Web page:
OBJECTIVE: In the present study, we sought to better characterize the patients with coronavirus disease 2019 (COVID-19) most at risk of severe, outpatient thrombosis by defining the patients hospitalized with COVID-19 with arterial or venous thrombosis diagnosed at admission. METHODS: We conducted a single-center, retrospective analysis of COVID-19 patients. We found a shift in the proportions of thrombosis subtypes from 2019 to 2020, with declines in ST-segment myocardial infarction (from 22.0% to 10.1% of thrombotic events) and stroke (from 48.6% to 37.2%) and an increase in venous thromboembolism (from 29.4% to 52.7%). The patients with COVID-19-associated thrombosis were younger (age, 58 years vs 64 years; P = .043) and were less frequently women (31.3% vs 43.9%; P = .16). However, no differences were found in the body mass index or major comorbidities between those with and without COVID-19. COVID-19-associated thrombosis correlated with greater mortality (15.2% vs 4.3%; P = .016). The biometric profile of patients admitted with COVID-19-associated thrombosis compared with regular thrombosis showed significant changes in the complete blood count, liver function test results, D-dimer levels, C-reactive protein, ferritin, and coagulation panels. CONCLUSIONS: Outpatients with COVID-19 who developed thrombosis requiring hospitalization had increased mortality compared with outpatients without COVID-19 who developed thrombosis requiring hospitalization. Given the significantly higher inflammatory marker levels, it is possible this is related to different mechanisms of thrombotic disease in these patients. The inflammation could be a therapeutic target to reduce the risk, or aid in the treatment, of thrombosis. We call for more studies elucidating the role that immunothrombosis might be playing in patients with COVID-19.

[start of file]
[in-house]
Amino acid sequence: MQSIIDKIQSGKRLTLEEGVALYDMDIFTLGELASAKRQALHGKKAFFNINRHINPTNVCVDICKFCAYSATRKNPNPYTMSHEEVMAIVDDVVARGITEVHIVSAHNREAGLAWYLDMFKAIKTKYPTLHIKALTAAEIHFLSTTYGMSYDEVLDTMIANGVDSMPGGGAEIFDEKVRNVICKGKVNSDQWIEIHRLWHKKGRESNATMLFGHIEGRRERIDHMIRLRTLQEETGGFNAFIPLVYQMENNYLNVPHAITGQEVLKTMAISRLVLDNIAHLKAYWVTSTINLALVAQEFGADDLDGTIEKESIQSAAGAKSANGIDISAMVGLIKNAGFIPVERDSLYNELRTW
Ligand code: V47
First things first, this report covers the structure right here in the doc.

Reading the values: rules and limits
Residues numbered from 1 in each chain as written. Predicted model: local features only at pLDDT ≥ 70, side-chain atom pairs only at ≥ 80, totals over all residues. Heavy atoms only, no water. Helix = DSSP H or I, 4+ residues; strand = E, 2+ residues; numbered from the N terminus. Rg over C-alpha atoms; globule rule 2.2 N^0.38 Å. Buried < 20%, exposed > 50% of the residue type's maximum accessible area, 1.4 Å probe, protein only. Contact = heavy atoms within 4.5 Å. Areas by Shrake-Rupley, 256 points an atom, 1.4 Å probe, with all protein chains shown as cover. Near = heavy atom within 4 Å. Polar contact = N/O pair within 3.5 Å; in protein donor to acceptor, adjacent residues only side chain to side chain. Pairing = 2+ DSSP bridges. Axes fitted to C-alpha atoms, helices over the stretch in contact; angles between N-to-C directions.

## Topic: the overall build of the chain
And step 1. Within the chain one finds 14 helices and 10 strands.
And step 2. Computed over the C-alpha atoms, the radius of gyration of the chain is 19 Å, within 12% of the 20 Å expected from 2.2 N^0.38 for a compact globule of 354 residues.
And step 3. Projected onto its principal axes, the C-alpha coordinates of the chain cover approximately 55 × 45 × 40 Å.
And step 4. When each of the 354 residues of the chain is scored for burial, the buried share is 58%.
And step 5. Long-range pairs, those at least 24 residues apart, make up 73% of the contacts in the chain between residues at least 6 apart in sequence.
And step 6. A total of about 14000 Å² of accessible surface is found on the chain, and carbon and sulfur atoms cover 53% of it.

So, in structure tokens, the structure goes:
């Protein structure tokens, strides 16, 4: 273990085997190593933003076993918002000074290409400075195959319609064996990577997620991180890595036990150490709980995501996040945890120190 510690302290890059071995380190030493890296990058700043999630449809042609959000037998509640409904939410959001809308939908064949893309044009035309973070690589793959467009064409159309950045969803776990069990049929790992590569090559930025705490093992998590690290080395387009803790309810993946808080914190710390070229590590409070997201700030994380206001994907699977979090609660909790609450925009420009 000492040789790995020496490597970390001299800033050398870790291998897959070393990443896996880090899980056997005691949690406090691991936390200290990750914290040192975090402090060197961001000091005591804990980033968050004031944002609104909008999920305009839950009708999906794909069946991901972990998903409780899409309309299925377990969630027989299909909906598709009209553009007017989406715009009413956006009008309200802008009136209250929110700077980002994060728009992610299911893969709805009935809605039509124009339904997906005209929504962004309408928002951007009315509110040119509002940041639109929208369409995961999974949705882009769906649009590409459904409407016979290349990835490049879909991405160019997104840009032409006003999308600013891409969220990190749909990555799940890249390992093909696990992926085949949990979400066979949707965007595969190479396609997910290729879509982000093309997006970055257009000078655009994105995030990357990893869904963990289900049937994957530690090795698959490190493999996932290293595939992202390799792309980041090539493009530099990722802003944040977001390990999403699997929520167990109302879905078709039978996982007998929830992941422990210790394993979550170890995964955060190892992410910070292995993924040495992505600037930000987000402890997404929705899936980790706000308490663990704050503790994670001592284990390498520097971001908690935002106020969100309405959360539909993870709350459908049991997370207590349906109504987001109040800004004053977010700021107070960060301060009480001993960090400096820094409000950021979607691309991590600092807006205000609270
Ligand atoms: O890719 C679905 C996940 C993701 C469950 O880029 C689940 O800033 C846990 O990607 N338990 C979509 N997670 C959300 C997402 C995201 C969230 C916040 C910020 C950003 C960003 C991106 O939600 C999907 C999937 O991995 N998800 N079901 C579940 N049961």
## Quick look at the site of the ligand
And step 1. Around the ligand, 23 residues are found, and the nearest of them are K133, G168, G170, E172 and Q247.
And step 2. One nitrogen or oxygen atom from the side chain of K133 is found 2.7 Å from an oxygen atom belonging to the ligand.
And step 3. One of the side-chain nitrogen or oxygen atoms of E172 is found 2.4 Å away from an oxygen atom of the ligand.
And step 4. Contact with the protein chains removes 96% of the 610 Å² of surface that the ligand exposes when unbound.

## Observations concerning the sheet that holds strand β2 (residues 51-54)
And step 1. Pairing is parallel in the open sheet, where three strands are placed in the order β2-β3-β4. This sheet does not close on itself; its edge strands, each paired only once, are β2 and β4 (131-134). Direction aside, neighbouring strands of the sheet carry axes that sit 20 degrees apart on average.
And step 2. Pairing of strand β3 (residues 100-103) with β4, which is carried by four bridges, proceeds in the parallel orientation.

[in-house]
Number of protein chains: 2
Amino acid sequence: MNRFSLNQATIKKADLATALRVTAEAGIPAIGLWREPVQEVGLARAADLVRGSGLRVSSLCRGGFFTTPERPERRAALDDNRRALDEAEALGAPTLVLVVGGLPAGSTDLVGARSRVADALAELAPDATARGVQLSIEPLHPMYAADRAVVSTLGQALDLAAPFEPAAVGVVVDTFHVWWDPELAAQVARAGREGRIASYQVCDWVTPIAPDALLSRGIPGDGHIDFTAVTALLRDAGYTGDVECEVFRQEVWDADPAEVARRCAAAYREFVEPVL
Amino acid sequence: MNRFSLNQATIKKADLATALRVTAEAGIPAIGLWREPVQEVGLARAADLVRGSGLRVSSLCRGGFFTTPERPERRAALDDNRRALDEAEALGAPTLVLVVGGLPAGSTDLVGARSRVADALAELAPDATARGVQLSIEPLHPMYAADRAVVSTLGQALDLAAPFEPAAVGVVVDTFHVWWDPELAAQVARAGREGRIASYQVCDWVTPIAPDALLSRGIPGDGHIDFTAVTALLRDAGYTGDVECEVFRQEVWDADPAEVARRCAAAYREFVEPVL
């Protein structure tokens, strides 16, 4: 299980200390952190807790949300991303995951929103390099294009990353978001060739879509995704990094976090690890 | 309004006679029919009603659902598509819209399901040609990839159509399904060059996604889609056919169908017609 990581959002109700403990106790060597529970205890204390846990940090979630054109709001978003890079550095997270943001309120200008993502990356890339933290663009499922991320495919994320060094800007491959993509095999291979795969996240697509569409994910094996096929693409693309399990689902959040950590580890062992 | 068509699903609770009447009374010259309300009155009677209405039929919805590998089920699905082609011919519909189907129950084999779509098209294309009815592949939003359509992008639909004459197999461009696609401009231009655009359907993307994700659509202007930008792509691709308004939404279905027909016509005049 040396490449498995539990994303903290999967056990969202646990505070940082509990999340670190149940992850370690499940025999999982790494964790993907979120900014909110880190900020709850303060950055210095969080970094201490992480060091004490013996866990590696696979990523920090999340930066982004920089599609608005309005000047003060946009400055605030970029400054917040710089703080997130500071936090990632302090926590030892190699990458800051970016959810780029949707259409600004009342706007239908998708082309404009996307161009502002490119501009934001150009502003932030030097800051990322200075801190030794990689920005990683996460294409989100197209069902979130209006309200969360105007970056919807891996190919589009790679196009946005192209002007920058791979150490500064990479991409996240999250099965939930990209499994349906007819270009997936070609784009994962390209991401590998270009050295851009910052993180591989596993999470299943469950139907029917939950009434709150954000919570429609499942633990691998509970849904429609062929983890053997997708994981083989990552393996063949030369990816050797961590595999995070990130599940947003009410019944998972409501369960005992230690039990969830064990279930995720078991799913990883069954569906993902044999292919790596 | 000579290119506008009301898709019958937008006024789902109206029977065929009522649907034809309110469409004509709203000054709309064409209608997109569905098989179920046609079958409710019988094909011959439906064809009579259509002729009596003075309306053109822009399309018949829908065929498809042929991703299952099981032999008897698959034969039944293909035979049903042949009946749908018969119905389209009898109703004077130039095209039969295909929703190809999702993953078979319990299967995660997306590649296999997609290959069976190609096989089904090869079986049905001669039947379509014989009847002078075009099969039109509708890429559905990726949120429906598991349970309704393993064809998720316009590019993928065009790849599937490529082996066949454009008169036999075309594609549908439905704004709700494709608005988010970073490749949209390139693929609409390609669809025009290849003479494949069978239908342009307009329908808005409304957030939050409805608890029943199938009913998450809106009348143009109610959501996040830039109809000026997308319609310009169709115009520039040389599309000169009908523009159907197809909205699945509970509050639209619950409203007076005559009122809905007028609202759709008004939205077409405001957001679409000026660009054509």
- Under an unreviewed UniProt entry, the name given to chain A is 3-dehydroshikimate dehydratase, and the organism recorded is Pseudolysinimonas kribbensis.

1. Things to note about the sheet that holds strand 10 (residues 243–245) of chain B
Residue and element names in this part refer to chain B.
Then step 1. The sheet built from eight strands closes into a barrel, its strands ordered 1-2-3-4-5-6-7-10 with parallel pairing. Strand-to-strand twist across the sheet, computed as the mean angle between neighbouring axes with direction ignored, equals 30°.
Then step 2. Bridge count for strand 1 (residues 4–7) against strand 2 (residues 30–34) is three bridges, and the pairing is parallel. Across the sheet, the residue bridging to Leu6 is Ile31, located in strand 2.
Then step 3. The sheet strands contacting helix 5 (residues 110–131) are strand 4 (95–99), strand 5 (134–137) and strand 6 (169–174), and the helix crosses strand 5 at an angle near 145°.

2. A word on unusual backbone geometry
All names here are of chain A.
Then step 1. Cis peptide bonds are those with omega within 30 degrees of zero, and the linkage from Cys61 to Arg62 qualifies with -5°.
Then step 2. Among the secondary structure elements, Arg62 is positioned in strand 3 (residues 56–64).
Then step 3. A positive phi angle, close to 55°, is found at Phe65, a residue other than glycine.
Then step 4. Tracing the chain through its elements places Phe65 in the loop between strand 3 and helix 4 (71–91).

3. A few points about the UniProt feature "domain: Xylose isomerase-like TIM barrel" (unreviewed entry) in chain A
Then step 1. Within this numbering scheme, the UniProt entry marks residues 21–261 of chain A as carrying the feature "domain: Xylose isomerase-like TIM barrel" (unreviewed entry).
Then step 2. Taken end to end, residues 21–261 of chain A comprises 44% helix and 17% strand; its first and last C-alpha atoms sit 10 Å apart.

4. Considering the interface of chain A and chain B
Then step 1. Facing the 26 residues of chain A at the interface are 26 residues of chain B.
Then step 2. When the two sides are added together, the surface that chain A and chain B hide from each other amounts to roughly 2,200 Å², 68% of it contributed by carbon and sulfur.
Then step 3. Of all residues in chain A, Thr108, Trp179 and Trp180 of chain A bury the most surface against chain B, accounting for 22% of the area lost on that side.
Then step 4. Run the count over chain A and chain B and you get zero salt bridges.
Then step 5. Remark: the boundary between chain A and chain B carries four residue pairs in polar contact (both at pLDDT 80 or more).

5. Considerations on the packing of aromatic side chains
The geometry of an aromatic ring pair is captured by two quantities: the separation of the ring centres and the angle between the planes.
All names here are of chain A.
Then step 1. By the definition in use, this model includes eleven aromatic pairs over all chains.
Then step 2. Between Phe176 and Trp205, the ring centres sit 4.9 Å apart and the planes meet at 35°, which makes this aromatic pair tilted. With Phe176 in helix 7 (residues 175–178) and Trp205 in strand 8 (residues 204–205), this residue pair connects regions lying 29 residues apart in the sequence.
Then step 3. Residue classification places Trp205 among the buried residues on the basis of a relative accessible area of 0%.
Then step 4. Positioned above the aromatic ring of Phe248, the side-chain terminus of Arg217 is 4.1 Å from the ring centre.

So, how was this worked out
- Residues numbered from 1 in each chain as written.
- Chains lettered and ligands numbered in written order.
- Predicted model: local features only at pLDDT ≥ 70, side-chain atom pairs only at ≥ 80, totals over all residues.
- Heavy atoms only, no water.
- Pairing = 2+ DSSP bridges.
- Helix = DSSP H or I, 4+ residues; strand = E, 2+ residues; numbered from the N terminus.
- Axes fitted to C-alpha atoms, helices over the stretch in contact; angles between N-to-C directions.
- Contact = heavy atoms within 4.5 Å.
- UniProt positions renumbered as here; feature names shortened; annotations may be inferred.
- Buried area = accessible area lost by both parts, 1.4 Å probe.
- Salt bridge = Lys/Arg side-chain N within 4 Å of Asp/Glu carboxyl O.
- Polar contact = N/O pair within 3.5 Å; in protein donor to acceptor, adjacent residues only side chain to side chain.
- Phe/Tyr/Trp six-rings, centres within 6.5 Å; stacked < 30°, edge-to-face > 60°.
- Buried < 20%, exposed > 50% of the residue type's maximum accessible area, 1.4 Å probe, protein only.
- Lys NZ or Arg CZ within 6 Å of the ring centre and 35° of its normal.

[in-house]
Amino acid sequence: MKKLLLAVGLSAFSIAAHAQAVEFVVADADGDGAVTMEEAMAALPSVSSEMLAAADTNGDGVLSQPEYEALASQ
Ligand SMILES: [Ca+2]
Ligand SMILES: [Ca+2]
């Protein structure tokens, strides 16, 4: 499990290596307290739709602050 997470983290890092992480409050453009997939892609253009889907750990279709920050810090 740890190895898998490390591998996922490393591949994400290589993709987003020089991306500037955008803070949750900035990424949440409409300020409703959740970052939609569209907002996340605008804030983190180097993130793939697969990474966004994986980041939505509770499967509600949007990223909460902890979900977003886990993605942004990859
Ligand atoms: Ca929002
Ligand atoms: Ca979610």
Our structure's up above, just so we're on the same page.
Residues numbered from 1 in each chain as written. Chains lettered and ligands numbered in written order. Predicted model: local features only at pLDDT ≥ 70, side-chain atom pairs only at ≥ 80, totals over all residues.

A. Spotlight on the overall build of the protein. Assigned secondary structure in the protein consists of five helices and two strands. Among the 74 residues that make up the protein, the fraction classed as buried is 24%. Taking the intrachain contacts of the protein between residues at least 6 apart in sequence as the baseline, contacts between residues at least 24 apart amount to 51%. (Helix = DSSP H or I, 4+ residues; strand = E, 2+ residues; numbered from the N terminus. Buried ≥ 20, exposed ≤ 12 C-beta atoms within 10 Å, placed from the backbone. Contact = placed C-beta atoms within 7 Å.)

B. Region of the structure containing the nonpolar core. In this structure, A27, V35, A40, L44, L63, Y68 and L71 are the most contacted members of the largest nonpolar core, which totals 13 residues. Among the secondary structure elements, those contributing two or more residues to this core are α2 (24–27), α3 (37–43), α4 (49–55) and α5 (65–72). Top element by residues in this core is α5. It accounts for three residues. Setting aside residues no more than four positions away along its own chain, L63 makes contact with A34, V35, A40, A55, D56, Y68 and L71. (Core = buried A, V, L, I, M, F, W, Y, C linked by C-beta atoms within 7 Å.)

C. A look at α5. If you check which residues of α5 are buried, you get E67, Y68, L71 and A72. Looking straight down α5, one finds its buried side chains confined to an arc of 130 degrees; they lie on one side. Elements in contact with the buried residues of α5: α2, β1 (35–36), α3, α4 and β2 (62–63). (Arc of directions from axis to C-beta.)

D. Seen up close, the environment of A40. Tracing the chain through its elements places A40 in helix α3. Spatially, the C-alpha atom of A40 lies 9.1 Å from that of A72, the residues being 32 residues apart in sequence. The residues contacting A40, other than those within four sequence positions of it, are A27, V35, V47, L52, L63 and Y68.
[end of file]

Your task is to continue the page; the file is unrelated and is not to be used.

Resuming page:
COVID-19/complications , Hospitalization , Thrombosis/diagnosis , Aged , Arteries , Biomarkers/blood , Case-Control Studies , Female , Humans , Male , Middle Aged , Prognosis , Retrospective Studies , SARS-CoV-2 , ST Elevation Myocardial Infarction/diagnosis , ST Elevation Myocardial Infarction/etiology , Stroke/diagnosis , Stroke/etiology , Thrombosis/etiology , Venous Thromboembolism/diagnosis , Venous Thromboembolism/etiology
J Thromb Thrombolysis ; 51(2): 330-338, 2021 Feb.
Article in English | MEDLINE | ID: covidwho-754365


Coronavirus disease 2019 (COVID-19) is associated with increased rates of deep vein thrombosis (DVT) and pulmonary embolism (PE). Pulmonary Embolism Response Teams (PERT) have previously been associated with improved outcomes. We aimed to investigate whether PERT utilization, recommendations, and outcomes for patients diagnosed with acute PE changed during the COVID-19 pandemic. This is a retrospective cohort study of all adult patients with acute PE who received care at an academic hospital system in New York City between March 1st and April 30th, 2020. These patients were compared against historic controls between March 1st and April 30th, 2019. PE severity, PERT utilization, initial management, PERT recommendations, and outcomes were compared. There were more cases of PE during the pandemic (82 vs. 59), but less PERT activations (26.8% vs. 64.4%, p < 0.001) despite similar markers of PE severity. PERT recommendations were similar before and during the pandemic; anticoagulation was most recommended (89.5% vs. 86.4%, p = 0.70). During the pandemic, those with PERT activations were more likely to be female (63.6% vs. 31.7%, p = 0.01), have a history of DVT/PE (22.7% vs. 1.7%, p = 0.01), and to be SARS-CoV-2 PCR negative (68.2% vs. 38.3% p = 0.02). PERT activation during the pandemic is associated with decreased length of stay (7.7 ± 7.7 vs. 13.2 ± 12.7 days, p = 0.02). PERT utilization decreased during the COVID-19 pandemic and its activation was associated with different biases. PERT recommendations and outcomes were similar before and during the pandemic, and led to decreased length of stay during the pandemic.

Anticoagulants/administration & dosage , COVID-19 , Hospitals, University , Pandemics , Pulmonary Embolism , SARS-CoV-2/metabolism , Aged , Aged, 80 and over , COVID-19/blood , COVID-19/drug therapy , COVID-19/epidemiology , Female , Humans , Male , Middle Aged , New York City/epidemiology , Practice Guidelines as Topic , Pulmonary Embolism/blood , Pulmonary Embolism/drug therapy , Pulmonary Embolism/epidemiology , Retrospective Studies , Severity of Illness Index